Friday, September 26, 2008

Avoid getting Rammed (if at all possible)

It's funny, but this game almost feels like more of a prove-it game for Cal than last week, even though no one will be watching. Not proof to the media or outsiders though. This one is about proving to the players, the coaches and Cal faithful that this team is better than they showed last week, that they are different than last year's team, and that the firepower we've seen glimpses of wasn't just a fluke. By far these have been my favorite kinds of games to watch since Tedford arrived at Cal. This is where he shines as a coach, and where his teams show their true colors. Don't be surprised if Cal takes the field like they were shot out of a cannon and plays with a lot more passion, polish and improvement over last week.

The Rams like to ram with their new coach who is a former Ram

Cal is going to see a very different team across the line of scrimmage than what they saw last season. The Rams have a whole new look under Coach Steve Fairchild. A former player, and then assistant coach, at Colorado State, Fairchild was most recently assistant offensive coordinator for the St. Louis Rams from 2003-2005, and then the offensive coordinator for the Buffalo Bills from 2006-2007. Before everyone gets too excited about the Rammies bringing NFL cred to Memorial Saturday, Fairchild's offenses didn't exactly light up NFL defenses the way, say, his predecessor Mike Martz's "Greatest Show on Turf" offense did. And with the Bills, his offense was downright bad, and his playcalling was widely criticized by the fans, media and players (I wonder what Lynch thought of it?). But hey, Pete Carroll proved to be a pretty good college coach after moderate success in the NFL, so you never know I guess.

CSU offense - probably not quite the Greatest Show on Turf.

Colorado State Offense

On offense, the Rams have two power backs, which suggests a traditional, power-type run scheme, but there is some talk from the players and coaches that they show some sophisticated looks in terms of disguising runs by showing pass blocking first. This is far more common in the NFL than in college, simply because it requires more athleticism and talent by the linemen. It also requires great quickness from the runningback to run from a dead stop after showing pass. Whether they can be successful with the two "big" backs they have, remains to be seen.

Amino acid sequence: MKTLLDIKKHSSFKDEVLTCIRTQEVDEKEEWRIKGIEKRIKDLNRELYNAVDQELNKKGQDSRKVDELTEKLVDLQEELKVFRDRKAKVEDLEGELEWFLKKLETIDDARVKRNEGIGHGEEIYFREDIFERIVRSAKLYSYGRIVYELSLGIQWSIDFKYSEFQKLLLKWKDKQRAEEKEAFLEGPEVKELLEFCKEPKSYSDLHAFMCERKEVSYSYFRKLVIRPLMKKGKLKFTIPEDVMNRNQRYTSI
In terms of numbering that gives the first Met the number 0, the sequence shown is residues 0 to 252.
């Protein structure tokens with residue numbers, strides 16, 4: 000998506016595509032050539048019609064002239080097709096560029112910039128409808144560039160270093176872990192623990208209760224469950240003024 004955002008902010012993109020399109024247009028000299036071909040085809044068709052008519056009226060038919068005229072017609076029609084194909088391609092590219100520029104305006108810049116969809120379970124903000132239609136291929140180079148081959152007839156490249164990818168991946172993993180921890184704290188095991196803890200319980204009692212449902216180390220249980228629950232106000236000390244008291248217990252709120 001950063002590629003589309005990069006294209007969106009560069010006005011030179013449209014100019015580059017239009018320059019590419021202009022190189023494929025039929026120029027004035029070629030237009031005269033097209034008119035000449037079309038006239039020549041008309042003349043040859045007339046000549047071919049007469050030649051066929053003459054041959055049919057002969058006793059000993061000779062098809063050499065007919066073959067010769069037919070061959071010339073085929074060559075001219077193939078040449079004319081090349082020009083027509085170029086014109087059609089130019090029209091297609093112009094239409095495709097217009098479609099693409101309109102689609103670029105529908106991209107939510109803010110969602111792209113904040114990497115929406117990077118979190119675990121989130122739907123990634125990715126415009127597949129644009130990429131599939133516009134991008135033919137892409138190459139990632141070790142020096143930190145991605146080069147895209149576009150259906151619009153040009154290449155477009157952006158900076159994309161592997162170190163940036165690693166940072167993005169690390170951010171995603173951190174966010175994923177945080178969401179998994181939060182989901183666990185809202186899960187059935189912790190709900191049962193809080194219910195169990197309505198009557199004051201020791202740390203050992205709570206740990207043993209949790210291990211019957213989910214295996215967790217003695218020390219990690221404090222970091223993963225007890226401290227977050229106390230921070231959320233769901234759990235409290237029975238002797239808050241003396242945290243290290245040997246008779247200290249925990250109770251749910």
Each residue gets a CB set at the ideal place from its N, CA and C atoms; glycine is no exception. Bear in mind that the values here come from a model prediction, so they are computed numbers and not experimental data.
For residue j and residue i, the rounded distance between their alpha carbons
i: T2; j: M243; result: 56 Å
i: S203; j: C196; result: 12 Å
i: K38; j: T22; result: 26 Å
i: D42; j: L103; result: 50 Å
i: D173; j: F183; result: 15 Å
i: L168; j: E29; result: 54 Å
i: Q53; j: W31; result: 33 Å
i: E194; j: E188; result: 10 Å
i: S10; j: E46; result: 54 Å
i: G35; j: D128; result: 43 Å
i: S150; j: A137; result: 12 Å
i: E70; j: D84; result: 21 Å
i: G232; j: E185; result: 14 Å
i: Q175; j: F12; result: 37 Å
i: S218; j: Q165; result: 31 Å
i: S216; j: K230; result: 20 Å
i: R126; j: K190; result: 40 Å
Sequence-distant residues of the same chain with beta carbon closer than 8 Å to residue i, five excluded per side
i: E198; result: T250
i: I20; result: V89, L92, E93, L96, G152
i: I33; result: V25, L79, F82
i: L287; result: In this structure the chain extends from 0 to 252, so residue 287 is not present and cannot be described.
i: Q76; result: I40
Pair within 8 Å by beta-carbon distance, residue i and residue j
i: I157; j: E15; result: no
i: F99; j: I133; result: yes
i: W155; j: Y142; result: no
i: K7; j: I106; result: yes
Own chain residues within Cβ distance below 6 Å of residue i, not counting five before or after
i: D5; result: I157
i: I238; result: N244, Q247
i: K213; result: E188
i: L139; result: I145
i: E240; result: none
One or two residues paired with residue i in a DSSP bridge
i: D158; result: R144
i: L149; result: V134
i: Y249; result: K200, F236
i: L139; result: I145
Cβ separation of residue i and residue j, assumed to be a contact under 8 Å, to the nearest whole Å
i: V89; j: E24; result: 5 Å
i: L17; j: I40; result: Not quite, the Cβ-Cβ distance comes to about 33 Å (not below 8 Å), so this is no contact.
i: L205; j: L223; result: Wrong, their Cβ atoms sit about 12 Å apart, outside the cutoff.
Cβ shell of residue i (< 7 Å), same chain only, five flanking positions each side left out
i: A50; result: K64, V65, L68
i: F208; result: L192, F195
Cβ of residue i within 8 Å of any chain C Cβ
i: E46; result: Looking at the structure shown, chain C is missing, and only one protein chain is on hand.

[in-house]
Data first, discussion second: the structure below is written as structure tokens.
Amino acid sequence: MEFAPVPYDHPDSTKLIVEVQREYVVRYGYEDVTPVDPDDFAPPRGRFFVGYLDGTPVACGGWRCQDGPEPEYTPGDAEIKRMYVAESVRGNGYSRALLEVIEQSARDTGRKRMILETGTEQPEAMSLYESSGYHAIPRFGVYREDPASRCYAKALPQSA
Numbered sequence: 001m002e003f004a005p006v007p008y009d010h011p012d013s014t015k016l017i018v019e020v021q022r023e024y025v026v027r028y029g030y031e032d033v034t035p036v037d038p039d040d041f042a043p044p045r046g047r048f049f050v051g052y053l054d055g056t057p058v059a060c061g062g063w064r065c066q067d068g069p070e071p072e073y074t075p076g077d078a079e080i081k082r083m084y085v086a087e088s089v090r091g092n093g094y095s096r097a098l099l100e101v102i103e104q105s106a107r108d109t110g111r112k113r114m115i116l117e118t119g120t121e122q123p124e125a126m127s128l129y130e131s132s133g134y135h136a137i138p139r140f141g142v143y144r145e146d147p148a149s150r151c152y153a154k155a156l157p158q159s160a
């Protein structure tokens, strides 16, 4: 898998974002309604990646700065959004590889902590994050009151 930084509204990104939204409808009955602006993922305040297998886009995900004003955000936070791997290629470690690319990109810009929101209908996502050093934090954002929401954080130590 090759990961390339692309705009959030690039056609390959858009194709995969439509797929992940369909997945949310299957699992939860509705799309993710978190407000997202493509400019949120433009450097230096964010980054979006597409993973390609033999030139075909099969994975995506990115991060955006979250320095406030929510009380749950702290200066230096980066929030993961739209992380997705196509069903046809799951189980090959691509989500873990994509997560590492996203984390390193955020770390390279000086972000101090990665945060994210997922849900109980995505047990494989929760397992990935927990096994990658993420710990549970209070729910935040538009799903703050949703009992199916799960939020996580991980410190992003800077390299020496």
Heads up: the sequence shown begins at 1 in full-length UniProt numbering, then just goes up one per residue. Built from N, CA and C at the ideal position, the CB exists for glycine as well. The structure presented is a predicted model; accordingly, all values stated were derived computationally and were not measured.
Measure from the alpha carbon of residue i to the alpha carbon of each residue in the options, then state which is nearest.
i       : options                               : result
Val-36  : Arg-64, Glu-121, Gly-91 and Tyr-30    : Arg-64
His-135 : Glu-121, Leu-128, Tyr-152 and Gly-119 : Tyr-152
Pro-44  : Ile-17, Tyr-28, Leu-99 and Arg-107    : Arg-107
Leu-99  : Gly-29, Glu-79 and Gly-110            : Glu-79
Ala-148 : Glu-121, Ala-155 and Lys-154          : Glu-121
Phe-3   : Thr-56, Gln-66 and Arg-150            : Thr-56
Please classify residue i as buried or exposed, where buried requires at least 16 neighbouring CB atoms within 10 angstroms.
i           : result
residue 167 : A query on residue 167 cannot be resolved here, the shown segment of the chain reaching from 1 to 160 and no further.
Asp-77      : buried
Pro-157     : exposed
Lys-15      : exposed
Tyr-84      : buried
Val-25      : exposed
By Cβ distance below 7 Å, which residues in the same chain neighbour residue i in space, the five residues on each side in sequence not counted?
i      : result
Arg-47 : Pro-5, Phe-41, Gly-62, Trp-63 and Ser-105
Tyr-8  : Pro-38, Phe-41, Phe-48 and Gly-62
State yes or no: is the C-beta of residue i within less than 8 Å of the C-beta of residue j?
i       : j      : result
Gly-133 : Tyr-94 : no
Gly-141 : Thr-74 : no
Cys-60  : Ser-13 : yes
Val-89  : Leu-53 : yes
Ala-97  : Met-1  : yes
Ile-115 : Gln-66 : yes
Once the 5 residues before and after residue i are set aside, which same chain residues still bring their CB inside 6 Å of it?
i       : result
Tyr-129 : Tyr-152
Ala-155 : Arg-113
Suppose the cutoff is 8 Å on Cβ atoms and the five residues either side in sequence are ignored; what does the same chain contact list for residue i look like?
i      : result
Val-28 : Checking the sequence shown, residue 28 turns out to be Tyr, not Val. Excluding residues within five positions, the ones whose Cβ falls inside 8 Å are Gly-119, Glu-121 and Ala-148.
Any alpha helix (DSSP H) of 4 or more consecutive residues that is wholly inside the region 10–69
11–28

Where the Rams' offense will test the Bears is in the passing game. Coach Tedford alluded to the Rams' use of longer developing, deeper routes, such as "comeback" routes, which are more common in the NFL than in college. This is going to be a challenge for the secondary, both in route recognition and in technique, especially for Hagan who is still pretty green.

Of course, like everything in football, there's a counter. And the counter to deeper, more intricate routes is pressure on the quarterback. This is the primary reason more college teams do not run these kinds of routes. Most protection schemes in college simply cannot provide that kind of time and still have three options to throw to. It remains to be seen whether Cal's defensive line can take this away and keep the heat off of Cal's corners. According to Cal's defensive players when interviewed about CSU's passing game, they don't do a lot of short passes and dump-offs. Dear Bob Gregory, If there was ever a game to call for multiple blitz packages, this is it. Sincerely, bend-don't-break hater. Cal has the speed advantage over CSU to get to the QB with blitzes if he is going to be waiting on long routes.

Colorado State Defense

Don't know a lot about this defense, but one thing that is familiar is the coordinator Larry Kerr. He was Karl "Radio" Duh-rell's defensive coordinator from 2003-2005 during his forgettable run as UCLA's head coach (though he somehow managed to go undefeated against Tedford in Pasadena and then get blown out every year up in Berkeley). Sure some people touted UCLA's defense back then, but during those years, Cal never had a problem rolling up yards and points on UCLA. If the Rams' defense is anything like UCLA's was, it's going to be pretty vanilla - 4-3 base, predictable use of man and zone, some aggressive blitzing.

We miss you Radio.